DoT aims to layer cybersecurity into infrastructure grants process

Transportation is taking a measured approach to ensuring new infrastructure projects feature cybersecurity requirements, or at the very least, cyber guidelines....

The Department of Transportation, at the forefront of federal efforts to modernize U.S. infrastructure, aims to ensure cybersecurity is embedded in a wave of historic investments funded through DoT under the bipartisan infrastructure law, but being implemented largely at the state and local levels.

Cybersecurity is a top priority for DoT Chief Information Officer Cordell Schachter, he said in a recent interview on the sidelines of the Institute for Critical Infrastructure Technology’s spring conference in Arlington, VA.

“We deal with cybersecurity every day, and sometimes it feels like all day, because if we don’t have  security in safeguarding information and systems, then we can’t do the other things that DoT needs to do,” Schachter said. “And increasingly, every organization is a digital organization.”

The Infrastructure Investment and Jobs Act includes tens of billions of dollars for investments in roads and bridges, railways, public transit systems, and electric vehicle infrastructure, among other investments.

Much of that funding will flow down from DoT through “formula grants” to state and local governments, as well as discretionary grants issued under Notices of Funding Opportunity.

Meanwhile, the Biden administration’s recently issued national cyber strategy makes defending critical infrastructure from digital threats a major priority. Critical infrastructure includes broad swaths of the nation’s transportation systems.

“We think of cybersecurity around our overall goal of improving resilience from all hazards in our grant making, including climate,” Schachter said. “But for cybersecurity in particular, we would like infrastructure that’s either modernized or newly built to be secure by design, so that the cybersecurity aspect of it is built in and not added later, as we might have to do to legacy technology.”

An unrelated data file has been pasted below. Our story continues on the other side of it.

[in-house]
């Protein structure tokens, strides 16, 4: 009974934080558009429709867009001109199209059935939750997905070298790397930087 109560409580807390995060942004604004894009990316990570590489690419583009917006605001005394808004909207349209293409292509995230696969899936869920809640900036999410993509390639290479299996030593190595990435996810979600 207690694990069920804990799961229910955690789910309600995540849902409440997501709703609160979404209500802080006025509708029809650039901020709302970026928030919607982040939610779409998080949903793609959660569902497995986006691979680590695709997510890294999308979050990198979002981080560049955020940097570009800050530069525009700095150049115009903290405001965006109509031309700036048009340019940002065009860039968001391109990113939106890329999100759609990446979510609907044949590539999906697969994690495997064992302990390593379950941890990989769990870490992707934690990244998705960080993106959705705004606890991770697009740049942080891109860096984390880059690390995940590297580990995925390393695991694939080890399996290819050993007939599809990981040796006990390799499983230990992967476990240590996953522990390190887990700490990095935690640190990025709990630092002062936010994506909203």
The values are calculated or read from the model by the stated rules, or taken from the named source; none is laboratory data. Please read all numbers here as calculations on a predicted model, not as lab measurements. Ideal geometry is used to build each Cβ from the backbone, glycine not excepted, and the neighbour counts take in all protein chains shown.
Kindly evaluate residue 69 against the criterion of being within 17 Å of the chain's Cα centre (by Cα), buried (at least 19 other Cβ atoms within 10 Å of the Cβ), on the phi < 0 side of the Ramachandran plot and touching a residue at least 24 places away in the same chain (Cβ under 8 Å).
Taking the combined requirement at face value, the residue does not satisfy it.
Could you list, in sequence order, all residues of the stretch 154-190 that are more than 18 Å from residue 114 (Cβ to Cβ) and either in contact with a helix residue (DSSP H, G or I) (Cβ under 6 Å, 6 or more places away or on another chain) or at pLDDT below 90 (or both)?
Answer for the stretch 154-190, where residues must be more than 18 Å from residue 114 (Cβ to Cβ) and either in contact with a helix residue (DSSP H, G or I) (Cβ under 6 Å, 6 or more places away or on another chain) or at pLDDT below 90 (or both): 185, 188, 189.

Schachter said DoT modeled its approach based on the Transportation Security Administration’s guidelines for surface transportation operators.

DoT’s guidelines for its grantees include four main components:

  1. Designate a cybersecurity point of contact
  2.  Create a cybersecurity incident reporting plan
  3. Create a cybersecurity incident response plan
  4. Conduct a self-assessment

“Those four steps exist already in guidance and directives that TSA has given to various operators in various sectors throughout the country,” Schachter said. “So it shouldn’t be new to anyone. It’s been discussed for a long time. And it’s also seen as something that’s achievable, even for potential grantees who don’t have very advanced cybersecurity practices.”

For the formula grants to state, local, tribal and territorial governments, the four steps will not be mandatory, Schachter said, and instead come in the form of guidance. According to DoT, the bulk of federal transportation funding flows through such programs to recipients based on formulas established by Congress. Examples of formula grant-making include the Federal-Aid Highway Program and the Urbanized Area Formula Grants.

“We will issue the cybersecurity approach as guidance and really support them in achieving it, but it’s not a condition of receiving the grant,” Schachter said.

DoT components are already providing some resources to help their local partners. In early February, the Federal Transit Administration published a “Cybersecurity Assessment Tool for Transit” on its website to help public transit organizations strengthen their cybersecurity programs.

Meanwhile, for discretionary grants, DoT intends to “have the cybersecurity approach be part of the conditions that they need to satisfy to be awarded the money,” Schachter said.

“But I want to stress we deliberately chose non-onerous steps in our approach, so that even an organization that is not very sophisticated from a cybersecurity perspective can achieve these goals,” he added.

DoT’s recent funding notice for $700 million in grants for charging and fueling infrastructure, for instance, includes a section on resilience requirements.

“Each applicant selected for federal funding under this notice must demonstrate, prior to the signing of the grant agreement, effort to consider and address physical and cyber security risks relevant to the transportation mode and type and scale of the project,” the notice states.

Shachter said that DoT is considering potential cybersecurity risks at the outset any new program to ensure security is baked into the process on the front end.

“It could be physical infrastructure, it could be vehicles, whatever it is, we’ll do an evaluation of the project and determine if it what we’re calling, ‘elevated cybersecurity risk,’ then we would ask you to complete the four components of the cybersecurity approach,” he said.

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